During the dry years between 1930 and 1940, many of the wells in Jewell County failed. Some of them failed because of a large decline of the water table; in some places the water table disappeared. Other wells failed because of the development of a large cone of depression and lack of periodical recharge. When wells fail because of the decline or disappearance of the water table, the development of additional supplies is difficult, if not impossible. The only immediate solution is to haul water. A long-range solution may be (1) the construction of reservoirs to furnish water for stock use and to recharge the ground water down gradient from the reservoir; (2) the adoption of farming practices that will increase infiltration and, under favorable conditions, increase groundwater recharge; and (3) a greater development of community wells. When wells fail because of the development of large cones of depression, the obvious solution is to obtain the water supply from a larger number of wells spread over a larger area. Some of the towns in Jewell County that have experienced considerable difficulty in obtaining an adequate water supply might consider the development of a water supply based on a system of several wells of low cost and low yield instead of trying to develop an adequate water supply from only two or three wells.
There will generally be some doubt whether a municipal well has failed because of a general decline of the water table or whether the failure was caused by the development of a large cone of depression. The cause of failure can be determined easily if a few properly distributed wells in the area, some of which are outside the cone of influence caused by pumping, are measured periodically for several years. The records of a few observation wells will save much time and expense in an investigation when additional water supplies must be developed.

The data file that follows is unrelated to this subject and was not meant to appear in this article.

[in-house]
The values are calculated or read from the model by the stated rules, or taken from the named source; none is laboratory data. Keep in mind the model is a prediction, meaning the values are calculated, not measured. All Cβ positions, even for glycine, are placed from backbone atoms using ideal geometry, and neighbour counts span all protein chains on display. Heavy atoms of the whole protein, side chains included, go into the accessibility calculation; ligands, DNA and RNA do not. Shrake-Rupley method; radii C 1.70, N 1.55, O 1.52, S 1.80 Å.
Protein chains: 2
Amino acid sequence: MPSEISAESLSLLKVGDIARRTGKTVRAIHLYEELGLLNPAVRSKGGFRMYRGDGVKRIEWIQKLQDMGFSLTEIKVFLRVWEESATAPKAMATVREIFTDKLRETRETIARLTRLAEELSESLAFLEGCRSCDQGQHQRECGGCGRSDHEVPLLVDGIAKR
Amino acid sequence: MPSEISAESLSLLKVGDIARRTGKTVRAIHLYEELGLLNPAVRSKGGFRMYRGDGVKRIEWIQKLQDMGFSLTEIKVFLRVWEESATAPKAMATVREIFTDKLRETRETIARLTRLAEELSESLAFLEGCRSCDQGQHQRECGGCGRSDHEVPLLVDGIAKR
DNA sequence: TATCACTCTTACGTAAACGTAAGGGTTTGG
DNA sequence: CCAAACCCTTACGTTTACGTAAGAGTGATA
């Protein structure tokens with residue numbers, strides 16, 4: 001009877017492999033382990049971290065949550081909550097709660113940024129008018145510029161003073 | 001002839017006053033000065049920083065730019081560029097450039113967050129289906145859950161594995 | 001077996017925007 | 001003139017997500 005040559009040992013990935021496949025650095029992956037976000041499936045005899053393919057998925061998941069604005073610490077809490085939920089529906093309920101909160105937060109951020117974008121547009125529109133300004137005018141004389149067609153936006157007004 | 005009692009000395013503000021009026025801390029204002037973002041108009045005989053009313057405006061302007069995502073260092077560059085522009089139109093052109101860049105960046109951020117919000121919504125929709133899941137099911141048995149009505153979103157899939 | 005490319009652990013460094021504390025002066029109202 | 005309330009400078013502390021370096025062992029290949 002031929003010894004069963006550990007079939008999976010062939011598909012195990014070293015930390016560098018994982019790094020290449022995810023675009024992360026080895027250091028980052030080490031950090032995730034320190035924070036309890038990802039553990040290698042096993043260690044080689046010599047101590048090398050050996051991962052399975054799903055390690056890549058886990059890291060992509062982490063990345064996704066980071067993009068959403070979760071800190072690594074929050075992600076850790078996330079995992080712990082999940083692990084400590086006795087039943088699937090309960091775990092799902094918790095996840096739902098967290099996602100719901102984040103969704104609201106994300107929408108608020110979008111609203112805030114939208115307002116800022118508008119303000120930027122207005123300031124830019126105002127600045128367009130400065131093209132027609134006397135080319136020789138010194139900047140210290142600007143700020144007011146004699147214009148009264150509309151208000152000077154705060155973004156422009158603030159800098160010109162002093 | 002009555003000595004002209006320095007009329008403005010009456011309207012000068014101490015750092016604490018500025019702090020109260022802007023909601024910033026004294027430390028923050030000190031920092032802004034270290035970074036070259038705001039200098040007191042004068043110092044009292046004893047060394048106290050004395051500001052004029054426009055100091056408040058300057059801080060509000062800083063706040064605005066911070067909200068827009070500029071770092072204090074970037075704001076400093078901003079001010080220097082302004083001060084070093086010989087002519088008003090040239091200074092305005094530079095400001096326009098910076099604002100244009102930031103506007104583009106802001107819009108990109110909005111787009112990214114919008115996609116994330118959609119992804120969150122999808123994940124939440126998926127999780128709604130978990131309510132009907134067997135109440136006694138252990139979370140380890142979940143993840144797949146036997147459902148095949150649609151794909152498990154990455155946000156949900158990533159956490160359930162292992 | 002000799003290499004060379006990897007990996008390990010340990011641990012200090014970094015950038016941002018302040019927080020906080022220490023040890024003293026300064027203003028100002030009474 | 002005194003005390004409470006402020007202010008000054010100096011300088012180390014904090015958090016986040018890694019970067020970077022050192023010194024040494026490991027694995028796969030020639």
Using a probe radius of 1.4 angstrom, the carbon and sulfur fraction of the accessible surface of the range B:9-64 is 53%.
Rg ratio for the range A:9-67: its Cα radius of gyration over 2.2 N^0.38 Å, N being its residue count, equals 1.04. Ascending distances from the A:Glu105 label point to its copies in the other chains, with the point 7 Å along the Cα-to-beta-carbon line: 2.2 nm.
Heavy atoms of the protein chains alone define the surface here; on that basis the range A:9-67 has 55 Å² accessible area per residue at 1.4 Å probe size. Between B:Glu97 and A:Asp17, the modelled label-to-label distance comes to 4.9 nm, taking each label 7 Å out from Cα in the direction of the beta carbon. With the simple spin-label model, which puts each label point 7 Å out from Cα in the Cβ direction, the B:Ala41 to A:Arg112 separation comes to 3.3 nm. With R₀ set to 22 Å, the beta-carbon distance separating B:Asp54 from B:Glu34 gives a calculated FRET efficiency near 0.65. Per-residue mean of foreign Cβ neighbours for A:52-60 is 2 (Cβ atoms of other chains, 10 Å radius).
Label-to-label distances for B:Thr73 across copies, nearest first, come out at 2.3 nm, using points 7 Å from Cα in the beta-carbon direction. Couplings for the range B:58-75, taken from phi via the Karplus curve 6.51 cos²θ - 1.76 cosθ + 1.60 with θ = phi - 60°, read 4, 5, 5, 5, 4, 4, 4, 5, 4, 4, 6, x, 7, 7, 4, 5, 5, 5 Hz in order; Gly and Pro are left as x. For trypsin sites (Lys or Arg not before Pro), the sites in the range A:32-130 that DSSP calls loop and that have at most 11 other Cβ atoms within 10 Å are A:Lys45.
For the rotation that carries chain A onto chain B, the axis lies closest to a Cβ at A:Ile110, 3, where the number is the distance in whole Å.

Chemical Character of Ground Water
The chemical character of the well waters in Jewell County is shown by the analyses of water from 36 representative wells given in Table 15. The samples of water were analyzed by H. A. Stoltenberg, Chemist, in the Water and Sewage Laboratory of the Kansas State Board of Health. The analyses show only the dissolved mineral content of the waters and do not, in general, indicate the sanitary condition of the waters.
Table 15--Analyses of water from typical wells in Jewell County Analyzed by H. A. Stoltenberg. Dissolved constituents given in parts per million. One part per million is equivalent to one pound of substance per million pounds of water or 8.33 pounds per million gallons of water.
|Well number||Depth (feet)||Geologic source||Date of